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Youth activists complete Black, LGBTQ rights march from Milwaukee to Madison
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Youth activists complete Black, LGBTQ rights march from Milwaukee to Madison

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A group of youth activists finished a 65-mile march from Milwaukee to Madison on Saturday with rallies at the state Capitol and the Governor’s Mansion.

On the steps of the Capitol facing State Street, members of 50 Miles More — fresh off the five-day walk — took turns on a “soap” box. Shielded from the intense midday sun by a black umbrella, they made passionate calls for transformational change to systems that marginalize Black and Black LGBTQ communities.

“Yes, we’re all fighting the same fight, but we have to stand together,” said Chris Washington, who raised both fists before the crowd to represent “freedom and solidarity.”

The demonstrators recited poetry, sang and shared personal stories. Many onlookers wore black to support the youth protesters.

Among the speakers was Lorien Carter, whose nephew Tony Robinson was fatally shot by a Madison police officer in 2015.

“I support them 100%,” she said. “I’ve watched these 18- to 21-year-olds have bigger and better conversations than I’ve seen adults have in my entire life.”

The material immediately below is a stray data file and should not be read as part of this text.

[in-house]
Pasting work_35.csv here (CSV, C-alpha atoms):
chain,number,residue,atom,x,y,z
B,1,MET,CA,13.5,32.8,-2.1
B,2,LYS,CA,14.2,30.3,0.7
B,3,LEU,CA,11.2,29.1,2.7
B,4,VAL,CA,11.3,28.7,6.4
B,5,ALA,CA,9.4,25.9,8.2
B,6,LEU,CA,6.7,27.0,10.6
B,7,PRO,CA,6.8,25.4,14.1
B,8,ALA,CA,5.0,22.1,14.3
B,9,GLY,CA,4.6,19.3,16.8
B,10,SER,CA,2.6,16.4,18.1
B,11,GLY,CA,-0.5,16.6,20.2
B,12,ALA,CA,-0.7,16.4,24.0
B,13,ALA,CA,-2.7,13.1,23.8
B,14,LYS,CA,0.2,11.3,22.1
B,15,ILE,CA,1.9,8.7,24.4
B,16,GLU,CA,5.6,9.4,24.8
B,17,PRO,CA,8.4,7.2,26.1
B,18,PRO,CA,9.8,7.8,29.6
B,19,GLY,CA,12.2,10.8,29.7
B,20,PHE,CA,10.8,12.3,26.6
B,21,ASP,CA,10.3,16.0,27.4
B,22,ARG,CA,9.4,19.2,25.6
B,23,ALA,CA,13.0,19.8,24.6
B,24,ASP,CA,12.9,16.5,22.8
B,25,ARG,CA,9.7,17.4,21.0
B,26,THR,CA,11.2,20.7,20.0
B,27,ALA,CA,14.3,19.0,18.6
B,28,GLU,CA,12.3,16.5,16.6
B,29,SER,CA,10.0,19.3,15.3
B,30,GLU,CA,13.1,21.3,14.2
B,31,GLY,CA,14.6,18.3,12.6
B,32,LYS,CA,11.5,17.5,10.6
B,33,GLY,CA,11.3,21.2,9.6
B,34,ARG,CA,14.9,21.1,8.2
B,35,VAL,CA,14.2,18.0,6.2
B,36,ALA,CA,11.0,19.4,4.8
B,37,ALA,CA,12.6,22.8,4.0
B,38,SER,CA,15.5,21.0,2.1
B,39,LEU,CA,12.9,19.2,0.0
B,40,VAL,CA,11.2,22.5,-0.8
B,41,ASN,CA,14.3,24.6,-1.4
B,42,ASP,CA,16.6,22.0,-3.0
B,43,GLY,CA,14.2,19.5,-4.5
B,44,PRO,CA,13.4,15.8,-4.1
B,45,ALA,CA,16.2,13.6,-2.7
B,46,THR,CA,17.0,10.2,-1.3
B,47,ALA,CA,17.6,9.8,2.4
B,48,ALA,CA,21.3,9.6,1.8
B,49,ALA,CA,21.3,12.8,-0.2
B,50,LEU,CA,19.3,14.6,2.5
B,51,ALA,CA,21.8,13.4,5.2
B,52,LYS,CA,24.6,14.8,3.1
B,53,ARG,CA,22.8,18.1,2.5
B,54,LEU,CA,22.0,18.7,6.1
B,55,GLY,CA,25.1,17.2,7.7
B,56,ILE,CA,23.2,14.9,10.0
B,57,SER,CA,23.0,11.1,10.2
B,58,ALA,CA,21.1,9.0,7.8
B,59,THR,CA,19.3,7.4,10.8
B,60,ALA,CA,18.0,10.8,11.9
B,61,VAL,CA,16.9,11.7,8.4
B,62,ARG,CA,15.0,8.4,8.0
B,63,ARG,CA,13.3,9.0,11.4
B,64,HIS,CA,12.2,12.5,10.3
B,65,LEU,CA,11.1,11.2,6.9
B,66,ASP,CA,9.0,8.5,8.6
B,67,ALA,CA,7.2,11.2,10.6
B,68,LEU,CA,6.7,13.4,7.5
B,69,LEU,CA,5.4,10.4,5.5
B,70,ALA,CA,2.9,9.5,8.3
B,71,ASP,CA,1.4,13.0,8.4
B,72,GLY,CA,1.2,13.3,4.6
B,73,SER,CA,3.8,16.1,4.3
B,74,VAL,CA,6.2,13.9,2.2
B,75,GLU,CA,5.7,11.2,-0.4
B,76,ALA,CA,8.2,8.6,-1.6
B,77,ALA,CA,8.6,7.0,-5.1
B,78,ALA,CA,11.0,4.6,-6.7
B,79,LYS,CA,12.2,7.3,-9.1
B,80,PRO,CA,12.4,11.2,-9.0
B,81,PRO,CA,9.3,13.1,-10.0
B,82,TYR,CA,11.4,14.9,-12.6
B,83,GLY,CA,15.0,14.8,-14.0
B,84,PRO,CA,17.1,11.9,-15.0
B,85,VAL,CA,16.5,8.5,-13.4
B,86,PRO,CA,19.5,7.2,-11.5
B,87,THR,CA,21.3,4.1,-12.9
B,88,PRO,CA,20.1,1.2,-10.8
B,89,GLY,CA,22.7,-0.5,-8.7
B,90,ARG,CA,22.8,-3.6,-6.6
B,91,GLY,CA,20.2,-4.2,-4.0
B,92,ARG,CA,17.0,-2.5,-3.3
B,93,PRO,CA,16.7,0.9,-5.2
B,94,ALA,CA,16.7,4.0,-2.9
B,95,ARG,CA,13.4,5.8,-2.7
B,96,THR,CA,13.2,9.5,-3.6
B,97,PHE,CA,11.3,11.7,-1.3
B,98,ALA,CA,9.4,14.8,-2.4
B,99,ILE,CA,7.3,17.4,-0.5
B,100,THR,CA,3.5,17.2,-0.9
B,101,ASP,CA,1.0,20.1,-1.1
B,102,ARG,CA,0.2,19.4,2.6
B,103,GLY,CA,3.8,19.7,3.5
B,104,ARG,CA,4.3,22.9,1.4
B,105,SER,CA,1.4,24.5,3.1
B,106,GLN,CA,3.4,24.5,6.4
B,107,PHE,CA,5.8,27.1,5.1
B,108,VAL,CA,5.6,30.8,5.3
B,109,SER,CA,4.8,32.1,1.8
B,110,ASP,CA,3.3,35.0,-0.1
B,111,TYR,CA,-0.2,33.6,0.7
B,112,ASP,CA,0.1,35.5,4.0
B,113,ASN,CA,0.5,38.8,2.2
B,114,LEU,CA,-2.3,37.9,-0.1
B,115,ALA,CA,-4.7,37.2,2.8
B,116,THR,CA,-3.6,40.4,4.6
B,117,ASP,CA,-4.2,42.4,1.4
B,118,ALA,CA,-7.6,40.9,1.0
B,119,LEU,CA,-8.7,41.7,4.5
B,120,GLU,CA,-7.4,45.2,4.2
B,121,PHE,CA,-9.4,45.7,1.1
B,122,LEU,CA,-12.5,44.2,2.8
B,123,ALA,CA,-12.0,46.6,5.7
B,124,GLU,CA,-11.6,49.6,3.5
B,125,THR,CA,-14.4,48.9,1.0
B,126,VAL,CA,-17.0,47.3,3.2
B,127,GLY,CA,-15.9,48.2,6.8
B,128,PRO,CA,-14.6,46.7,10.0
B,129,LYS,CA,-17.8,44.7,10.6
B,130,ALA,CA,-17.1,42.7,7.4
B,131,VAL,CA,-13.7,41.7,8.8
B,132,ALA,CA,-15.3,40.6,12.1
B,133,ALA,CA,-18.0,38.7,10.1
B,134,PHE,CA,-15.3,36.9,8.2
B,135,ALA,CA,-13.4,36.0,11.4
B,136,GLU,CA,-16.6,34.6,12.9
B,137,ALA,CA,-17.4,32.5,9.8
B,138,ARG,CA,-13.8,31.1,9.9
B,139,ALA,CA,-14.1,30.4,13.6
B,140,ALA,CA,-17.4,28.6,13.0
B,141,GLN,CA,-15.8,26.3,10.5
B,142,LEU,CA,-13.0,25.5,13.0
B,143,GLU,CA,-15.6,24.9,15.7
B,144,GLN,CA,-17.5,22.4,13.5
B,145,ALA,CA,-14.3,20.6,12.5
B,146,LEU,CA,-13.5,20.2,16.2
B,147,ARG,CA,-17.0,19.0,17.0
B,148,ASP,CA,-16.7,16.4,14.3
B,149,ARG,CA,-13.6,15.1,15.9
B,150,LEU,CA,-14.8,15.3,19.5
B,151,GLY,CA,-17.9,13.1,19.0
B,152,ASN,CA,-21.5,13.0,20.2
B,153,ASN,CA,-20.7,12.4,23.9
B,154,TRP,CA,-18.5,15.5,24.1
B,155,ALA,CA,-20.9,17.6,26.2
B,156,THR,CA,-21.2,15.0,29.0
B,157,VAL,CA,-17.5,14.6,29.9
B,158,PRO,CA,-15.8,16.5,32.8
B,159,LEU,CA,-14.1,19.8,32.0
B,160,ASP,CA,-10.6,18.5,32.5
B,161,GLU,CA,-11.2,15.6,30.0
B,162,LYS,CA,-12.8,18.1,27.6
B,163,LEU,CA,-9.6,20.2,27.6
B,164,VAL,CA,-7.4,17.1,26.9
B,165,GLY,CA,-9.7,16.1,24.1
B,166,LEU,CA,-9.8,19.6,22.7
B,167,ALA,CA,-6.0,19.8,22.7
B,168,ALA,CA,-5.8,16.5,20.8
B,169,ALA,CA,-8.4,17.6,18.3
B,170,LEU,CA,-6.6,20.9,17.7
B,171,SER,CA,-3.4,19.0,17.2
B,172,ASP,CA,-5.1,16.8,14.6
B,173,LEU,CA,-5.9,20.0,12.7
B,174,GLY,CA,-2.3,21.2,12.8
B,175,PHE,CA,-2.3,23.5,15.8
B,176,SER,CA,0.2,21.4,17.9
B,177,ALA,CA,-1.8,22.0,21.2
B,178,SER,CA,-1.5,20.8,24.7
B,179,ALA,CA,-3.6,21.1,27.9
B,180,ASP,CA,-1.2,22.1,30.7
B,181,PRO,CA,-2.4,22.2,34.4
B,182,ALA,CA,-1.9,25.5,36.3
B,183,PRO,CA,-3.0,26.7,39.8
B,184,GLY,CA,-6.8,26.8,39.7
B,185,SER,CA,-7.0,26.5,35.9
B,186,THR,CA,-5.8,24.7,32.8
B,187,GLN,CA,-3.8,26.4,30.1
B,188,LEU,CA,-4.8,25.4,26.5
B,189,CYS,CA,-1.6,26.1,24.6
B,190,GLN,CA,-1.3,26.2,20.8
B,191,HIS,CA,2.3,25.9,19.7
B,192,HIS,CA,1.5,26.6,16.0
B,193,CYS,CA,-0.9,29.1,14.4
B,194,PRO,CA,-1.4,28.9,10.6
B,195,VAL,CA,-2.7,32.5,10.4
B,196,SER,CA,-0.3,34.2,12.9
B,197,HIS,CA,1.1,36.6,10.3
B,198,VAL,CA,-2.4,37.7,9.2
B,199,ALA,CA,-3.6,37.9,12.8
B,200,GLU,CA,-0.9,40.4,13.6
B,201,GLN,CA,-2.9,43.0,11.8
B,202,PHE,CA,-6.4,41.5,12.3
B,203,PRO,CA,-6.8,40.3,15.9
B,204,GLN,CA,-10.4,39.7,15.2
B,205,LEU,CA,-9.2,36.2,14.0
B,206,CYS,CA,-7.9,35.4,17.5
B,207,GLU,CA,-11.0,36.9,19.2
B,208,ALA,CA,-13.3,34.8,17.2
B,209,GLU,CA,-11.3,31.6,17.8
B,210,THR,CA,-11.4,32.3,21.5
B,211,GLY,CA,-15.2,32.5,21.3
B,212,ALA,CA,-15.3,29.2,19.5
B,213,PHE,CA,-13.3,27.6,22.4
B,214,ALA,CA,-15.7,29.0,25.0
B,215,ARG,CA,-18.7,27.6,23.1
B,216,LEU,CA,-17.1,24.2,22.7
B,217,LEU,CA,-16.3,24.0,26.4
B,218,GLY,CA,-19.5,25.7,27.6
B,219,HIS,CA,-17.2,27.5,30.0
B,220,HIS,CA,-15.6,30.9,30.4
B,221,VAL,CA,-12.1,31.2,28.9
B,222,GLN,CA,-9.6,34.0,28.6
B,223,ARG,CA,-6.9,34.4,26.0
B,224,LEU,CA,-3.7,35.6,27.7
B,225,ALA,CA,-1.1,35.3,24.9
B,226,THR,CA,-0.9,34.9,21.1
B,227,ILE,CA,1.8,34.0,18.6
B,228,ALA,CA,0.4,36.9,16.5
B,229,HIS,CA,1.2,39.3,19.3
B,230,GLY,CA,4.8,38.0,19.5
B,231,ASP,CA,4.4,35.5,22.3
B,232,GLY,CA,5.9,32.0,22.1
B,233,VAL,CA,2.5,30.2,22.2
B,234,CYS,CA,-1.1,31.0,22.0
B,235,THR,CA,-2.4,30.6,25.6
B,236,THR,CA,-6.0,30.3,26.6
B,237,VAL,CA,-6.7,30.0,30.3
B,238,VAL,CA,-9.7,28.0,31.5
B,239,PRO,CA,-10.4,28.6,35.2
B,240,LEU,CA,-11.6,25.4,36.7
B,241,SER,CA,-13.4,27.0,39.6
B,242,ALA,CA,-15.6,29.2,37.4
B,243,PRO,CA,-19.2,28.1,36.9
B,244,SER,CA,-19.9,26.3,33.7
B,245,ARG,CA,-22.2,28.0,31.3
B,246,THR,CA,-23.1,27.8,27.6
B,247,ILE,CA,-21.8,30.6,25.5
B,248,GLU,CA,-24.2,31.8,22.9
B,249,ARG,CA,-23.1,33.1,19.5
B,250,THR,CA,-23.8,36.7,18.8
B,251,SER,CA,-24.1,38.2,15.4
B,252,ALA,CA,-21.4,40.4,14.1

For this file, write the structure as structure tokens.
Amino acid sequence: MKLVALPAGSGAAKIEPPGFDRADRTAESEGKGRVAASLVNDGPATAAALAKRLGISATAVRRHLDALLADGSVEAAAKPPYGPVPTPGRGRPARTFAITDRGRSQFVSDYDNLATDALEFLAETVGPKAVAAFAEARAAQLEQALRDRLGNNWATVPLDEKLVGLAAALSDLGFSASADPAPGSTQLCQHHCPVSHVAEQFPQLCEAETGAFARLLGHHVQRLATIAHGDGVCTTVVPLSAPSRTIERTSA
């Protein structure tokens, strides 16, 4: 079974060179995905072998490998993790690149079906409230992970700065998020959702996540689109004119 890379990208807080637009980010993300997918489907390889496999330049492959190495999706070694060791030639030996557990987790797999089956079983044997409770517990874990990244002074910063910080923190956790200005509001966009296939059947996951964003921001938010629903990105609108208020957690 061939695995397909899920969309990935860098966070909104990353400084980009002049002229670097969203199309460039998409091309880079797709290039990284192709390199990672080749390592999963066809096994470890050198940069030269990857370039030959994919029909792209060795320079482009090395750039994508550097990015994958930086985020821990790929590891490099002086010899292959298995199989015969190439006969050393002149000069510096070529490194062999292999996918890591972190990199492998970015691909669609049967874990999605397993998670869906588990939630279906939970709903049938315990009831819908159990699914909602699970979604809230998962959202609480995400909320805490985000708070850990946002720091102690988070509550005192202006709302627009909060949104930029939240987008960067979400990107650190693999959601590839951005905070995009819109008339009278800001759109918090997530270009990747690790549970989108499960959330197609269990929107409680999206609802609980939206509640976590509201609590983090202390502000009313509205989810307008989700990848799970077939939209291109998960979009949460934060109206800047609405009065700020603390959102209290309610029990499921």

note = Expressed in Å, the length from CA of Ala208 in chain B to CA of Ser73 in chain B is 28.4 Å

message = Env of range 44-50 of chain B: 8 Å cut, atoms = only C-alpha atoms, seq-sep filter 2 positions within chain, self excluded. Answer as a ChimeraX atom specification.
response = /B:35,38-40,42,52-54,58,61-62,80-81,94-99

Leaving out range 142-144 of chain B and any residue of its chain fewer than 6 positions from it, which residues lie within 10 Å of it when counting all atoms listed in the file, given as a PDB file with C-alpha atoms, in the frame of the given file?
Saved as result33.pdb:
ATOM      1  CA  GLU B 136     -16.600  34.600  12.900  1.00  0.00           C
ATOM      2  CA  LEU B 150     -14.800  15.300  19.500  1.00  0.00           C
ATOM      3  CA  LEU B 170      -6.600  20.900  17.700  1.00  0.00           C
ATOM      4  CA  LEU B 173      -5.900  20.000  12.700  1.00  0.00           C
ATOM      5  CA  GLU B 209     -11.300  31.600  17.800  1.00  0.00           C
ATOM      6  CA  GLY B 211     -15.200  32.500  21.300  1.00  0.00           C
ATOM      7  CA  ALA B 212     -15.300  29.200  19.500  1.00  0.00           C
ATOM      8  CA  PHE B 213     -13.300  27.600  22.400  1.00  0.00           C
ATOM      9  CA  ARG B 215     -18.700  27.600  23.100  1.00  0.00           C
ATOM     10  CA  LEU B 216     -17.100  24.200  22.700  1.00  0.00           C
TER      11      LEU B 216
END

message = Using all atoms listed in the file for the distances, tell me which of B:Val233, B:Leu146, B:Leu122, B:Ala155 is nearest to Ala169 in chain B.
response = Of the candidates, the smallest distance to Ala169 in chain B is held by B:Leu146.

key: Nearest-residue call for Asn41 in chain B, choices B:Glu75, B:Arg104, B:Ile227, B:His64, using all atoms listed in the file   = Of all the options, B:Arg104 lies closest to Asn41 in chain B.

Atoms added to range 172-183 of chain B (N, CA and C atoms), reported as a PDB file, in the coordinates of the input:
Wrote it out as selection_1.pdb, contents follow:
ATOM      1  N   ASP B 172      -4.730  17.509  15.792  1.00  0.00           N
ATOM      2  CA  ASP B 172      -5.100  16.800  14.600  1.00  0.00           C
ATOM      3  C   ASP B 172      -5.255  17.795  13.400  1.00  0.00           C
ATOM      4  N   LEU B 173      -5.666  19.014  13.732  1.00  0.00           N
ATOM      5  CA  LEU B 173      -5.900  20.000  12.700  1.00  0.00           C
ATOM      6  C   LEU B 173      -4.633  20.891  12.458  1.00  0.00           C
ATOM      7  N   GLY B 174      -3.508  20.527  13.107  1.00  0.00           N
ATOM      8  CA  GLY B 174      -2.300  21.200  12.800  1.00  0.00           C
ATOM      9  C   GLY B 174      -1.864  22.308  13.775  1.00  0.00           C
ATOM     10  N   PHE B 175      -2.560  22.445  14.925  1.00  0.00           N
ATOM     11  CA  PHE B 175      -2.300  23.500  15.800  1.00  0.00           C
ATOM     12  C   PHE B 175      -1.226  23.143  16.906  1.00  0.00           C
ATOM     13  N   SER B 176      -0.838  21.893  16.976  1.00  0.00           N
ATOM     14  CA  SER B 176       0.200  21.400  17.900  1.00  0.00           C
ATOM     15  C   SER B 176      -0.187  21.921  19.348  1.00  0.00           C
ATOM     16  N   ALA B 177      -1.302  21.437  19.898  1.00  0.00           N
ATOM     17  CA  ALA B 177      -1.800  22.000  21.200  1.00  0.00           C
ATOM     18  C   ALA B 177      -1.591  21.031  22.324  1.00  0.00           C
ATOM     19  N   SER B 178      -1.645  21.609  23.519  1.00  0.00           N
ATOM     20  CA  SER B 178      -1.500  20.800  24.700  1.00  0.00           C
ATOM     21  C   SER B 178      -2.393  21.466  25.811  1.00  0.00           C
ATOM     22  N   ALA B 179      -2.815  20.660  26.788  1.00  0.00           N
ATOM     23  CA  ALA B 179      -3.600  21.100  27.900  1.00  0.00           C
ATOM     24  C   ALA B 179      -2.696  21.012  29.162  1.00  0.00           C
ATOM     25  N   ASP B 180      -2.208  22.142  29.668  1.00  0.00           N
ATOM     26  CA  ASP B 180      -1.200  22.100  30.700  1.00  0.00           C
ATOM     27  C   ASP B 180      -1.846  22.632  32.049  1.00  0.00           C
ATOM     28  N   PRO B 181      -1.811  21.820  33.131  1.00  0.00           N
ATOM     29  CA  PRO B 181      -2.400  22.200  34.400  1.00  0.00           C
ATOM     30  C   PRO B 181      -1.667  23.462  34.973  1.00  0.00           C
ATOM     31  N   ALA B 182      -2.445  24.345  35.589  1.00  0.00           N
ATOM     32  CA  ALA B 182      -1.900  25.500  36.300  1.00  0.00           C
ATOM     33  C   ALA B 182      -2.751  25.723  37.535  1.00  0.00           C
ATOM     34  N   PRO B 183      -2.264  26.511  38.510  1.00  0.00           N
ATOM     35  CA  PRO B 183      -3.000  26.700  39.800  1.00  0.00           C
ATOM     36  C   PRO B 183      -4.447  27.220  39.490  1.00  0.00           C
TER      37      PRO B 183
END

Later in the afternoon, the group proceeded to the Governor’s Mansion in Maple Bluff, briefly blocking traffic on East Washington Avenue around 3 p.m.

The group is calling for Gov. Tony Evers to condemn the use of tear gas and sponge rounds by police to quell violent outbursts during the protests following the death of George Floyd after a Minneapolis police officer knelt on his neck, as well as for special legislative sessions on gun and police reform, and for state lawmakers to support Black Lives Matter.

The 50 Miles More march follows in the footsteps of the Rev. Dr. Martin Luther King Jr.’s 54-mile march from Selma to Montgomery, Alabama, in 1965. In 2018, the group organized a similar march from Madison to Janesville, the hometown of former House Speaker Paul Ryan, to demand gun-control legislation.

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Howard Hardee is a general assignment reporter for the Wisconsin State Journal. He has written extensively about government, natural disasters and forest health in northern California.

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